What to Expect on the Day of Your Presentation
Note: All presentations that provided consent will be recorded and uploaded with printed presentation online.
Step 1: Presenters should find their session schedule from the conference program online at https://scs.org/summersim/ and connect at least 15 minutes before their scheduled presentation time slot using the link provided in the email sent to you as a registered attendee.
Step 2: Using the presentation link mentioned above, the presenter should ideally be present during the entire session and must provide their full name on Zoom to make sure that the session chair can easily spot them. If there is a different name or nickname, a participant can rename his/her name after connecting.
Step 3: Presenters should be visible to all people attending the session, so testing your camera and audio before the day of the event is advised.
Step 4: Once it is the presenter’s allocated time slot, the session chair will call the presenter’s name and give the green light to start. Then, the presenter should share their screen using the green button located in the lower middle on Zoom. As a presenter, you have the option to share the entire screen or just the presentation application (e.g., PowerPoint).
Step 5: If this is a regular paper presentation, the presenter will have an 18-minute time slot. The presenter should spend the first 14 minutes for their live presentation without questions, and the last 4 minutes will be devoted to Q/A moderated by session chairs. (Please keep track of your time and practice your presentation before hand to keep within the time limit). All presentation times are provided on the SCS website within the program at scs.org/springsim.
Step 6: When the 18-minute time slot ends, the presenter will need to stop sharing their screen, the session chair will end the screen share at the designated time if the presentation is running over.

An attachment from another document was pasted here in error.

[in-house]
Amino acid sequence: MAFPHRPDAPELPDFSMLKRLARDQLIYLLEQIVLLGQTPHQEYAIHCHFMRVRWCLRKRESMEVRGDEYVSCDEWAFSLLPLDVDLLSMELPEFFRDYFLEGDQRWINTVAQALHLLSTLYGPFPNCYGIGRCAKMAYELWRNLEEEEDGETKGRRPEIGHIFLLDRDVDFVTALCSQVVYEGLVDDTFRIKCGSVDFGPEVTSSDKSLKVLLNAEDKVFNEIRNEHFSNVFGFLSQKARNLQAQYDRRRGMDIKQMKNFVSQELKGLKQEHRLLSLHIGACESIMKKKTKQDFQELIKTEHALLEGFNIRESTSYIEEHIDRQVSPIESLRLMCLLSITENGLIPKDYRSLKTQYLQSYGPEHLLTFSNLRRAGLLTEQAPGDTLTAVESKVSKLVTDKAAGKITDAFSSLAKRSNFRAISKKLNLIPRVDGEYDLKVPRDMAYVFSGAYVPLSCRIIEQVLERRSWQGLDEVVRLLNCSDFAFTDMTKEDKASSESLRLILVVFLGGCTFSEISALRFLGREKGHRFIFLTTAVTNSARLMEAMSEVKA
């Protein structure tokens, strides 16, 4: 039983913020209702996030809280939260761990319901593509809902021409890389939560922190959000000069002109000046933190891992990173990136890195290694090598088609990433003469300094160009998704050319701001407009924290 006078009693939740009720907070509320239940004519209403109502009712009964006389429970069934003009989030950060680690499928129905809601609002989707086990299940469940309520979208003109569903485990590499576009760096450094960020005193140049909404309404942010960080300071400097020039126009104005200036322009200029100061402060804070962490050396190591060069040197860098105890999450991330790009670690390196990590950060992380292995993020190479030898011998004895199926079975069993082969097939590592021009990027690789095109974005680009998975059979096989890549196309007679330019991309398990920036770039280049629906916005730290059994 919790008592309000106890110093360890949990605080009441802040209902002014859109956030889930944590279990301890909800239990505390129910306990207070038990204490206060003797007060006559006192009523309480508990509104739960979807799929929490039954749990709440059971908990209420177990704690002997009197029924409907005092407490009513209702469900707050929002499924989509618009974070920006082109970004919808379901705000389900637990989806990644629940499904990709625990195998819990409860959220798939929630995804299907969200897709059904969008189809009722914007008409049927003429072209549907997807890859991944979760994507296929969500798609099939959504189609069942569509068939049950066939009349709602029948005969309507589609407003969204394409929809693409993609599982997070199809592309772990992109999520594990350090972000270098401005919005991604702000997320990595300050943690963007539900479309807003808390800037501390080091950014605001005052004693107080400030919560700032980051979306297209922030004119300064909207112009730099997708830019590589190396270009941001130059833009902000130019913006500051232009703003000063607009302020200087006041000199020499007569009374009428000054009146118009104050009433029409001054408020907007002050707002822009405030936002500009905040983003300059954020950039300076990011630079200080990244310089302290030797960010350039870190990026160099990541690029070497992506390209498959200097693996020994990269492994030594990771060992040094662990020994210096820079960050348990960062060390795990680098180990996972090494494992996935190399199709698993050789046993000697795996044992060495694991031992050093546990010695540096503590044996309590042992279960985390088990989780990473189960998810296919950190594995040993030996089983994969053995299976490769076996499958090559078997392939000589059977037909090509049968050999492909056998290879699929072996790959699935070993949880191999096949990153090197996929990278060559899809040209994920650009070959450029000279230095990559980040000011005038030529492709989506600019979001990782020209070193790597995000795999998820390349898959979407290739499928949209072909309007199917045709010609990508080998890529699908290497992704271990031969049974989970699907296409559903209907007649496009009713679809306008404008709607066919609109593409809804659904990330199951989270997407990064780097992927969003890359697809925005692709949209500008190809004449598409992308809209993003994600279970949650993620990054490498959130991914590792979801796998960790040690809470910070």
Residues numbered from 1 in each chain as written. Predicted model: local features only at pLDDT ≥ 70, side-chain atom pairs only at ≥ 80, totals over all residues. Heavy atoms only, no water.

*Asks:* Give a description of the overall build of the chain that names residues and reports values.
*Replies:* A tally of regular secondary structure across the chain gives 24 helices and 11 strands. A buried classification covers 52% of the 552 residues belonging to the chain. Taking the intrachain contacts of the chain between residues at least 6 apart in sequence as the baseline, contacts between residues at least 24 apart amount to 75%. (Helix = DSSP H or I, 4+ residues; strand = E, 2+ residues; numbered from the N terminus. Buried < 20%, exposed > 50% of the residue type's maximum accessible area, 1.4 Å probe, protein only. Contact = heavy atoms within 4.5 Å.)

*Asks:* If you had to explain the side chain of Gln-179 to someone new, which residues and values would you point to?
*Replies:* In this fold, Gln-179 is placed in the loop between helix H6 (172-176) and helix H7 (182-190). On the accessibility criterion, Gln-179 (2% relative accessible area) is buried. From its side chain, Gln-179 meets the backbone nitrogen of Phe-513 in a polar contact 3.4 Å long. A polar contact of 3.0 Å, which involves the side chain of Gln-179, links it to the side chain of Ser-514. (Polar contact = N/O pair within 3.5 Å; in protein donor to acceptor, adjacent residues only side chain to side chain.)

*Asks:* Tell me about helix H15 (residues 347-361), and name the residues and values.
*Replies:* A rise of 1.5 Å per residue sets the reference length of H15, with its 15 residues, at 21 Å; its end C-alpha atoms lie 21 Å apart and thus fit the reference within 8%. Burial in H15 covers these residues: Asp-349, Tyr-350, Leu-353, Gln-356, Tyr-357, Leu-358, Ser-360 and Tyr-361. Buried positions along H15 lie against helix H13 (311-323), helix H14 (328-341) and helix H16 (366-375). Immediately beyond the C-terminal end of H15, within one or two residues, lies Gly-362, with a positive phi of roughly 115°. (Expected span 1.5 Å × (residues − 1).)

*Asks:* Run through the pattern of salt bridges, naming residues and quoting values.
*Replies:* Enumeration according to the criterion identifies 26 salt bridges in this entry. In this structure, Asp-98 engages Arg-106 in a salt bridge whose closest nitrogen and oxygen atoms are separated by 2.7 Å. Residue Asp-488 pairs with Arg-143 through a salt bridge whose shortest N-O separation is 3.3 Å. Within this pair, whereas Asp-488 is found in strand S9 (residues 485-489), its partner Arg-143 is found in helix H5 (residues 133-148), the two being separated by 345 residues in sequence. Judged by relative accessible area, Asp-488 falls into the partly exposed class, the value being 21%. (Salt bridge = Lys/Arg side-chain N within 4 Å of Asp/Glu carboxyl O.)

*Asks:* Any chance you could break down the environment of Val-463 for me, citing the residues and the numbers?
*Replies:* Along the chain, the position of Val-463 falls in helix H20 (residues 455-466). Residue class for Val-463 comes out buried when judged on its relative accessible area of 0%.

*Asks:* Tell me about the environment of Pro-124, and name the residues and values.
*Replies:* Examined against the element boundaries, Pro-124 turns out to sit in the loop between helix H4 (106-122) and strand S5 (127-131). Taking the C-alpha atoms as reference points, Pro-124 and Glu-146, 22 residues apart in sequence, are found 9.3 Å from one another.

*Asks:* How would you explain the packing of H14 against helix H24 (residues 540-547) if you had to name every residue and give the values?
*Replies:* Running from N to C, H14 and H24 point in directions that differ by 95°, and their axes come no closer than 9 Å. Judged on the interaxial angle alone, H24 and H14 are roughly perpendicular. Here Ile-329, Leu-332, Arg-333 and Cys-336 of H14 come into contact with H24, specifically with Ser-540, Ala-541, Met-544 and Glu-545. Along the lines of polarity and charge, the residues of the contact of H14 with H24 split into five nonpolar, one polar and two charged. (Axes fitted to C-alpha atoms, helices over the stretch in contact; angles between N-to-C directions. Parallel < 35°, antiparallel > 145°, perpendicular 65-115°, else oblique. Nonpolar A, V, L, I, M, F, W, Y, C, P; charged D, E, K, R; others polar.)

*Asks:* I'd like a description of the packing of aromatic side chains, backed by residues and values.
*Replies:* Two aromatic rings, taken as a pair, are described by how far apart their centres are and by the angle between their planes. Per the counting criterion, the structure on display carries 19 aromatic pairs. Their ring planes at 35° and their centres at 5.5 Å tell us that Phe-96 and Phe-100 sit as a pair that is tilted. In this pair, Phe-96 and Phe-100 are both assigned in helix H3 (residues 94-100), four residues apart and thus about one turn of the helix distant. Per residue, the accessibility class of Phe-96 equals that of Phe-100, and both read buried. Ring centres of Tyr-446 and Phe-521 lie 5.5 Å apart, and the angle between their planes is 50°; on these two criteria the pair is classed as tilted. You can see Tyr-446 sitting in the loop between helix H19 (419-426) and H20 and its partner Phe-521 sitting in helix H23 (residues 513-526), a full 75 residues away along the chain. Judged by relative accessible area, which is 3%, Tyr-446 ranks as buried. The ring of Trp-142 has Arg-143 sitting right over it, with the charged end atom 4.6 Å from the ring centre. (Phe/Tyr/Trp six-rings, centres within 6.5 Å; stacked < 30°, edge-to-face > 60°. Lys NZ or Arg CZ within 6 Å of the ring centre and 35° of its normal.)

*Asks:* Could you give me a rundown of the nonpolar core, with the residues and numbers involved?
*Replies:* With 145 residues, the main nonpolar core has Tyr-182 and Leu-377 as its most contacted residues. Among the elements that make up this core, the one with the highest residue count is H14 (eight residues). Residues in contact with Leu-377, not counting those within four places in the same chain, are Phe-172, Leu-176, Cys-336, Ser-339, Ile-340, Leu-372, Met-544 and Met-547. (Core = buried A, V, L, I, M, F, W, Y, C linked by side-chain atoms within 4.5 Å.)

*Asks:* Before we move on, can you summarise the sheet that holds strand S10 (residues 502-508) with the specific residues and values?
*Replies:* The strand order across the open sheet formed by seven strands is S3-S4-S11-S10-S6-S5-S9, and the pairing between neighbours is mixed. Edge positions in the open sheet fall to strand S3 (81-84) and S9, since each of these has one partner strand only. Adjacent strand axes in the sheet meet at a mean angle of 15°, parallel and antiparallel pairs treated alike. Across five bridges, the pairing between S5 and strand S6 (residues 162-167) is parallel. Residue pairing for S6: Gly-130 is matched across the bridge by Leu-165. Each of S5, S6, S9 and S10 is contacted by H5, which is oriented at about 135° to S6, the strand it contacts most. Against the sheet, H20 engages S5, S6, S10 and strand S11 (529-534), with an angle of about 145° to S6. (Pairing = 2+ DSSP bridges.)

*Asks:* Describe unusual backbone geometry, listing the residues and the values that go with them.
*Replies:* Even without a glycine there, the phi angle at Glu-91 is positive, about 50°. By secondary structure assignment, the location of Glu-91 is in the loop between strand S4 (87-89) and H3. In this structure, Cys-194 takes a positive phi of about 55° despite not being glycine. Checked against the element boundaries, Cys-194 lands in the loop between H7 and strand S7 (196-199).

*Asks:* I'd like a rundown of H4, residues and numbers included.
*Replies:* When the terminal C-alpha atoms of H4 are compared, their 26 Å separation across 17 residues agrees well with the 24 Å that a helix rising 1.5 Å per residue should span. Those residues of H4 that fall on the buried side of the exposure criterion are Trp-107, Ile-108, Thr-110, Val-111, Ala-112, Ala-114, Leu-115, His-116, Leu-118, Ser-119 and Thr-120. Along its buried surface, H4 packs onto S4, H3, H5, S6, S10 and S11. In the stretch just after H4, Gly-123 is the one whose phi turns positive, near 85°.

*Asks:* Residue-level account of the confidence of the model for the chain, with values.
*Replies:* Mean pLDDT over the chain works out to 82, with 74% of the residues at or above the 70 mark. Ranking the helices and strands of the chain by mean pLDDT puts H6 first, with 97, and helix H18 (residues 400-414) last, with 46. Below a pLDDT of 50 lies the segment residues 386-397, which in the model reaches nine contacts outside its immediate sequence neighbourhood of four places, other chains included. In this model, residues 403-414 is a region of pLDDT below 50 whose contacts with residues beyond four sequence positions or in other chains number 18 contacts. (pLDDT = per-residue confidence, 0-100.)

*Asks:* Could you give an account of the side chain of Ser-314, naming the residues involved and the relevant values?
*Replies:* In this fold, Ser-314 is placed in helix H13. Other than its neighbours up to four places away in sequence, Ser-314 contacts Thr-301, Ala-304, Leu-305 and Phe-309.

Step 7: If presenter would like to further discuss their paper or other papers, there are slack rooms available. They are listed on the website and within the email; you received of the Zoom link.
How to Give Great Virtual Presentation
Suggestions for presenting on the video platform Zoom, to driving engagement with questions, and tips for powerful virtual presentations. Please visit https://www.zoom.us/resources for videos and prior to the meeting go to https://zoom.us/download#client_4meeting to allow you to join a meeting without downloading any software. How to videos for zoom are also located here https://support.zoom.us/hc/en-us/articles/206618765-Zoom-Video-Tutorials
1. Practice Your Virtual Presentation (Twice)
Do not let the first time you use your presentation technology (audio tools, webinar software, etc.) be in front of your audience. Grab a friend, family member, or coworker to do a dry run.
Record yourself presenting in Zoom from start to finish (no stopping to fix something). Watch the recording later and make improvements. Do it again.
2. Consider Using a Virtual Background
Spotty Wi-Fi with an unprofessional background and a poorly lit face can damage your presentation.